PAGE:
Monday, November 23, 2009
Book Recommendation: League of Extraordinary Gentlemen Century 1910
Before you confuse this series with the 2003 movie of the same name STOP RIGHT THERE!! This is another unfortunate case where a less than spectacular movie adaptation completely ruins a really smashing comic book series.
And it's been well documented that Alan Moore will not have his name put on the credits of any movie adaptations of his work because of the treatments his books like From Hell, V For Vendetta and League of Extraordinary Gentlemen have received. In the case of From Hell and League of Extraordinary Gentlemen the adaptations have been so far removed from the original graphic novel that the only thing they have in common is the name and a few of the characters. Johnny Depp's Detective Abberline was not a psychic or clairvoyant or whatever. The psychic in the original case was Robert Lees but the film producers saw it fit to consolidate them into one character.
However, the movie had good bits in it with Johnny Depp, the late Sir Ian Richardson (another favorite Sherlock Holmes actor of mine) and Ian Holm.
But enough about that.
If you have not had a chance to read the original LOEG series, you're missing out. I think it's probably one of the most clever and original series to come out in a while. I really can't say much more about Alan Moore's writing that hasn't already been said numerous times. But I don't know how much has been mentioned about Kevin O'Neill's artwork. I really like it because it reminds me a lot of Keith Giffen's artwork for some of the Lobo mini-series's. But probably a bit technically better than Giffen's art.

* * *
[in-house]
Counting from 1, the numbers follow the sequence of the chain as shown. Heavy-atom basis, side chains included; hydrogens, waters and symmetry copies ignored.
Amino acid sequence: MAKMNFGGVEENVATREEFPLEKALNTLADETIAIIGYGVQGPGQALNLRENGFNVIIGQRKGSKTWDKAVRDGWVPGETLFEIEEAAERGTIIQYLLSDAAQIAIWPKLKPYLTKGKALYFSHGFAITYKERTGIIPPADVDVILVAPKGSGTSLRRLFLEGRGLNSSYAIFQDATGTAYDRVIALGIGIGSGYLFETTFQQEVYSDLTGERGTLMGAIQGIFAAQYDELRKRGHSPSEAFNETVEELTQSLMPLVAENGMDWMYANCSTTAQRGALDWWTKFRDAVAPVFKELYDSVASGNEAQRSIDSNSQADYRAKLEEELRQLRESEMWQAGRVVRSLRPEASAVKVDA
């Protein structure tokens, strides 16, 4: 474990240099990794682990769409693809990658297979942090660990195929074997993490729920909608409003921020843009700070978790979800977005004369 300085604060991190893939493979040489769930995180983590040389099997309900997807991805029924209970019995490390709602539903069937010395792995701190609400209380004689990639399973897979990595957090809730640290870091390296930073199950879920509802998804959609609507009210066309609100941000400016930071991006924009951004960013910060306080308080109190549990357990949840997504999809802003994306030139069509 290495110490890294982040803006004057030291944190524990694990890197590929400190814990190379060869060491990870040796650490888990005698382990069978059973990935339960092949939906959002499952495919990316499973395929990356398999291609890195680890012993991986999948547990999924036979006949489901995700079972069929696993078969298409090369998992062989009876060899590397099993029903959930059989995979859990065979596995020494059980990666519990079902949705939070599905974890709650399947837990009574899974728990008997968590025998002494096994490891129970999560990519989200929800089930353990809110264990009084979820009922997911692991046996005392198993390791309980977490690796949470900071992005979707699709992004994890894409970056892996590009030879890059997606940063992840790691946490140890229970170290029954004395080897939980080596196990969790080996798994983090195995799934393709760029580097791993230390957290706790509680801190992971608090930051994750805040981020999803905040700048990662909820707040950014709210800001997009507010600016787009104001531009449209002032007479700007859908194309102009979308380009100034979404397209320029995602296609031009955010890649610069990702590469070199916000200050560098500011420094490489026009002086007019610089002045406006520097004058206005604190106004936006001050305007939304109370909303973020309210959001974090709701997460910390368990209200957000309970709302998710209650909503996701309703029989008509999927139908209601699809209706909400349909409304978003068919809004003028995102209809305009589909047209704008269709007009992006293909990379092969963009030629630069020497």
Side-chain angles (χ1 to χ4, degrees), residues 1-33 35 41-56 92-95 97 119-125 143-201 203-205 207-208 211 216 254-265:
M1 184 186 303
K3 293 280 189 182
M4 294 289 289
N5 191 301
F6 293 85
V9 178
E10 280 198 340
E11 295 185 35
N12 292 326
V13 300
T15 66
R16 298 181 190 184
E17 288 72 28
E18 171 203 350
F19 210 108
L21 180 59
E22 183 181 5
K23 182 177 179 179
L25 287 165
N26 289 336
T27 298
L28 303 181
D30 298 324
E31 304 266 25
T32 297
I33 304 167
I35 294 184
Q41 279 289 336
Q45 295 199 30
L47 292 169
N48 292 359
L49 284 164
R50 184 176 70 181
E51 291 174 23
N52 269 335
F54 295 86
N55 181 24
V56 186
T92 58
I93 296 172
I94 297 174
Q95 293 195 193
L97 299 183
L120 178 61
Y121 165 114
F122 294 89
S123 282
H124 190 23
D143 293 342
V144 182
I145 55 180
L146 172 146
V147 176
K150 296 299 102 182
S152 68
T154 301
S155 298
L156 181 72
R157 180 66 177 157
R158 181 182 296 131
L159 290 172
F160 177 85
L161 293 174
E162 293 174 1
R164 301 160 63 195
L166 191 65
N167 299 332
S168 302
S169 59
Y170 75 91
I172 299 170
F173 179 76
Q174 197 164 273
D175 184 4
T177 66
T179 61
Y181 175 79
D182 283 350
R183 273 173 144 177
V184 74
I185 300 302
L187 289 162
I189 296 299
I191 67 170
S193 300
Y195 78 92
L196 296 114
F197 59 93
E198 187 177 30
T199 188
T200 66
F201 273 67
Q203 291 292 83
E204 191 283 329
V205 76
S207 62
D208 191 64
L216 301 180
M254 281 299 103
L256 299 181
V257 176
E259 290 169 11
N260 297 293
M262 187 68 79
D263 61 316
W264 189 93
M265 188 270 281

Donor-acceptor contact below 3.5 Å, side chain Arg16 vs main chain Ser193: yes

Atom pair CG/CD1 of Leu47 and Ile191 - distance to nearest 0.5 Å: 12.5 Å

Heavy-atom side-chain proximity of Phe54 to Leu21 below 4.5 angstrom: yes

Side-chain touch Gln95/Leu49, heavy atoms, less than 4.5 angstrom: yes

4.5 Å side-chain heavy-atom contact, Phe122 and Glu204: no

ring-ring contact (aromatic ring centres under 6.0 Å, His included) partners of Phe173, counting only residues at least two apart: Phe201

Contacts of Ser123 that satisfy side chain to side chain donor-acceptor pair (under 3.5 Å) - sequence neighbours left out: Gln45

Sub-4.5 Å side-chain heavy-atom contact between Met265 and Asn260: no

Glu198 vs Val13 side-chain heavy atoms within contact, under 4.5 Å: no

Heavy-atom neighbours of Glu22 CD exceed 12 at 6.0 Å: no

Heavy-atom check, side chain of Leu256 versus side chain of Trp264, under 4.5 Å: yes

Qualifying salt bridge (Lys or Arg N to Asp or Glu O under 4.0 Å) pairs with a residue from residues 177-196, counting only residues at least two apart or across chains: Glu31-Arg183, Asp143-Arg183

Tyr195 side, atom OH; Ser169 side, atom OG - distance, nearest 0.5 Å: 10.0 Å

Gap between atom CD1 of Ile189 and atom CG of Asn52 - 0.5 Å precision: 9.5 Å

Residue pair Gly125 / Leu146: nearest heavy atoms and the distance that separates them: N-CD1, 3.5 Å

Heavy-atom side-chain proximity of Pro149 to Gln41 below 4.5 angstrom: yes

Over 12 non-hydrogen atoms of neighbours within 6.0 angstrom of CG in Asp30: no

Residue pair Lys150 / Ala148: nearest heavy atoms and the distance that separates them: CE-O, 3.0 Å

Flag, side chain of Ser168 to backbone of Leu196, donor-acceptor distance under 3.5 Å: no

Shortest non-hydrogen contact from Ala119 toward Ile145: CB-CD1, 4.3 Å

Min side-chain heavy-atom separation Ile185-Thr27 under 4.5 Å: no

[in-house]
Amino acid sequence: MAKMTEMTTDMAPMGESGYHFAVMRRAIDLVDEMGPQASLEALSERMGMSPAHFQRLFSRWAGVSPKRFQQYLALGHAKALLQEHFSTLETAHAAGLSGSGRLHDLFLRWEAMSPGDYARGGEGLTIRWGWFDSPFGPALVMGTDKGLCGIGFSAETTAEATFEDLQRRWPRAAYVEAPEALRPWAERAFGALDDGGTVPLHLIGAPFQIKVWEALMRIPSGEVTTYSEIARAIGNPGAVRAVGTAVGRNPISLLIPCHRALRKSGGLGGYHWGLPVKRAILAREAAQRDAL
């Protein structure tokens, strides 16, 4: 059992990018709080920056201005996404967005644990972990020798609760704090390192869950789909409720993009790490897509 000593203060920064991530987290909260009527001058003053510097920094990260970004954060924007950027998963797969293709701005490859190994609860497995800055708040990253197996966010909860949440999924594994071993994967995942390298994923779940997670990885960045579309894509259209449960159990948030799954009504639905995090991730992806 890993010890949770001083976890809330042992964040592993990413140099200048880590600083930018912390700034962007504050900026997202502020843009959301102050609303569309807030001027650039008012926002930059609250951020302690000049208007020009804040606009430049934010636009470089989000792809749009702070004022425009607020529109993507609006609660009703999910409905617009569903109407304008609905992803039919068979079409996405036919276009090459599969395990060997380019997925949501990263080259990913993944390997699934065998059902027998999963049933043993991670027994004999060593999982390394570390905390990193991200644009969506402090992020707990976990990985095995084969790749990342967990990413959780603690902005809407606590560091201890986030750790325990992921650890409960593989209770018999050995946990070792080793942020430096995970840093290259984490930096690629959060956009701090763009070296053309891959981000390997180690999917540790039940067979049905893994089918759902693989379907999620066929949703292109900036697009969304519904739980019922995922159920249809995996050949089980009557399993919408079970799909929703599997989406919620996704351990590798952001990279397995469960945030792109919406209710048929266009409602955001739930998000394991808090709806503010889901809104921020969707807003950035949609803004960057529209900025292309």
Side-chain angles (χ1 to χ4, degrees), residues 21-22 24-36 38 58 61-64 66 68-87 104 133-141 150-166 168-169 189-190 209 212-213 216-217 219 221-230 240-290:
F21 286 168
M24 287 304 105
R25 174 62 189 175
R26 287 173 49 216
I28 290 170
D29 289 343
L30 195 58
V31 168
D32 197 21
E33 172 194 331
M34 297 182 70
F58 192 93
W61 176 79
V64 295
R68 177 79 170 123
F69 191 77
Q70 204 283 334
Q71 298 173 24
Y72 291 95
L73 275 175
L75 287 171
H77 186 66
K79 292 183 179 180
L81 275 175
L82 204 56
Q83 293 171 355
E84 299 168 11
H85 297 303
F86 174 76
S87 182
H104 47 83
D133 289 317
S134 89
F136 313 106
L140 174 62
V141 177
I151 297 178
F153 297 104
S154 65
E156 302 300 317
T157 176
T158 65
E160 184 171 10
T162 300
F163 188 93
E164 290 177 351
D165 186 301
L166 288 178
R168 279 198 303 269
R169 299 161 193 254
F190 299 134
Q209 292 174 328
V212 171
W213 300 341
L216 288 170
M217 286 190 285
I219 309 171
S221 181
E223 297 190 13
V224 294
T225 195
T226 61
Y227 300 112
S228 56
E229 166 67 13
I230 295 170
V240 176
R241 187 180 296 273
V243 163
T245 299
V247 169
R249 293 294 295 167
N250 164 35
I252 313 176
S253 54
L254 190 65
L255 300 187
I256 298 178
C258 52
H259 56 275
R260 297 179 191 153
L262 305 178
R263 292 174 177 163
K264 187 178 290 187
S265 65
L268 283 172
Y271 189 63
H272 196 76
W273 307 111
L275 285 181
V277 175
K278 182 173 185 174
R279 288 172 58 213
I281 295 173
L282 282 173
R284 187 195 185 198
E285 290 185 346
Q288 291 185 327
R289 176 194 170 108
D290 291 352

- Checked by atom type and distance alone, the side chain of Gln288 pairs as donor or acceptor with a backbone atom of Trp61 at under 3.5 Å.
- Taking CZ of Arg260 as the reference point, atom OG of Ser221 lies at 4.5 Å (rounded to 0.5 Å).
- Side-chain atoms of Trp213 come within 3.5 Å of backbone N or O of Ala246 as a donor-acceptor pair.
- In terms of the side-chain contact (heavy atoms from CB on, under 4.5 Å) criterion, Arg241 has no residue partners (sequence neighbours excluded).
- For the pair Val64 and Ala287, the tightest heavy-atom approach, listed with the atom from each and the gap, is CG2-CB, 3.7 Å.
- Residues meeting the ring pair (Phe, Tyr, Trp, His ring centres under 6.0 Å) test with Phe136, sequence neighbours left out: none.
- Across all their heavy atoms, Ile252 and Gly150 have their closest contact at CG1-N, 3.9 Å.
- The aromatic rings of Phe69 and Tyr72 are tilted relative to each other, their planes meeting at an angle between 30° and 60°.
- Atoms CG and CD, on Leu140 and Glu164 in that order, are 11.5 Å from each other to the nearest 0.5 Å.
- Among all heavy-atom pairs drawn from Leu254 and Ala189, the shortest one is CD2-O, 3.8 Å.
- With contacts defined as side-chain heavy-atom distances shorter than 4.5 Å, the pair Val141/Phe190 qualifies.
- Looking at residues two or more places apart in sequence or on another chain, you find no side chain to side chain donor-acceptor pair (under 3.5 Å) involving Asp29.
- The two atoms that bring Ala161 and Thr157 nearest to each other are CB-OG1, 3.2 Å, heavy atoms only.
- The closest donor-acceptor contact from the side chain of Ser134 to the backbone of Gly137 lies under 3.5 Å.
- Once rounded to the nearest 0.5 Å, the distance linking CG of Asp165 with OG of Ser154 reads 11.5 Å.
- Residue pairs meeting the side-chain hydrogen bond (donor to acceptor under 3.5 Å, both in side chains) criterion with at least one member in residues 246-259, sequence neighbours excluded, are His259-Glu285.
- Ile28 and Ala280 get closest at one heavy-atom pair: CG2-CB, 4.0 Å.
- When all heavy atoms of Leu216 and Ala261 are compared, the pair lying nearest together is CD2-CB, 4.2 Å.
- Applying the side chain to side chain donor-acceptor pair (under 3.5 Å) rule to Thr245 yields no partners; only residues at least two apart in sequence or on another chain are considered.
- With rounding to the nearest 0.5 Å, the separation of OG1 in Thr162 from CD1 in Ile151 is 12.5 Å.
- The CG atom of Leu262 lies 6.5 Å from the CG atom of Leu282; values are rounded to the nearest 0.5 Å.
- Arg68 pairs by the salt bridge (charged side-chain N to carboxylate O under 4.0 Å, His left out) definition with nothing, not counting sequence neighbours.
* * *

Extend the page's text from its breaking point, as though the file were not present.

So, expunge the 2003 movie from your mind as you're reading the series. You'll find that very easy once you get several pages into the books.
And this brings me to the newest chapter of Moore/O'Neill series Century 1910. I've gotten through the first chapter in this new series What Keeps Mankind Alive and it is great!! Mina Murray has returned with an entirely new League which consists of Allan Quatermain's son, Orlando, A. J. Raffles and Thomas Carnacki.
I was quite pleased to see the inclusion of Raffles in the league. For those unfamiliar with the Raffles series, it was actually created by E. W. Hornung, a brother-in-law to Arthur Conan Doyle, the creator of Sherlock Holmes. Raffles was supposed to be the anti-Holmes. Holmes is a consulting detective who is absolutely brilliant at fighting crime. Raffles is a gentleman thief who is absolutely brilliant in crime.
I had thought about doing an adaptation of Raffles at some point. Then again, I had thought about doing an adaptation of several things I may or may not ever get around to doing. Typical ;-)
What really grabs me about this entire series is how Alan Moore has brought these fictional heroes from both classic literature as well as pulp magazines together in a very fun Justice League/Avengers sort of way while still remaining true to the personalities created for the original characters by their respective authors.
The first book is only $7.50 in graphic novel format. And even if you have not read the entire League of Extraordinary Gentlemen series, you can still jump in here and enjoy this story on it's own.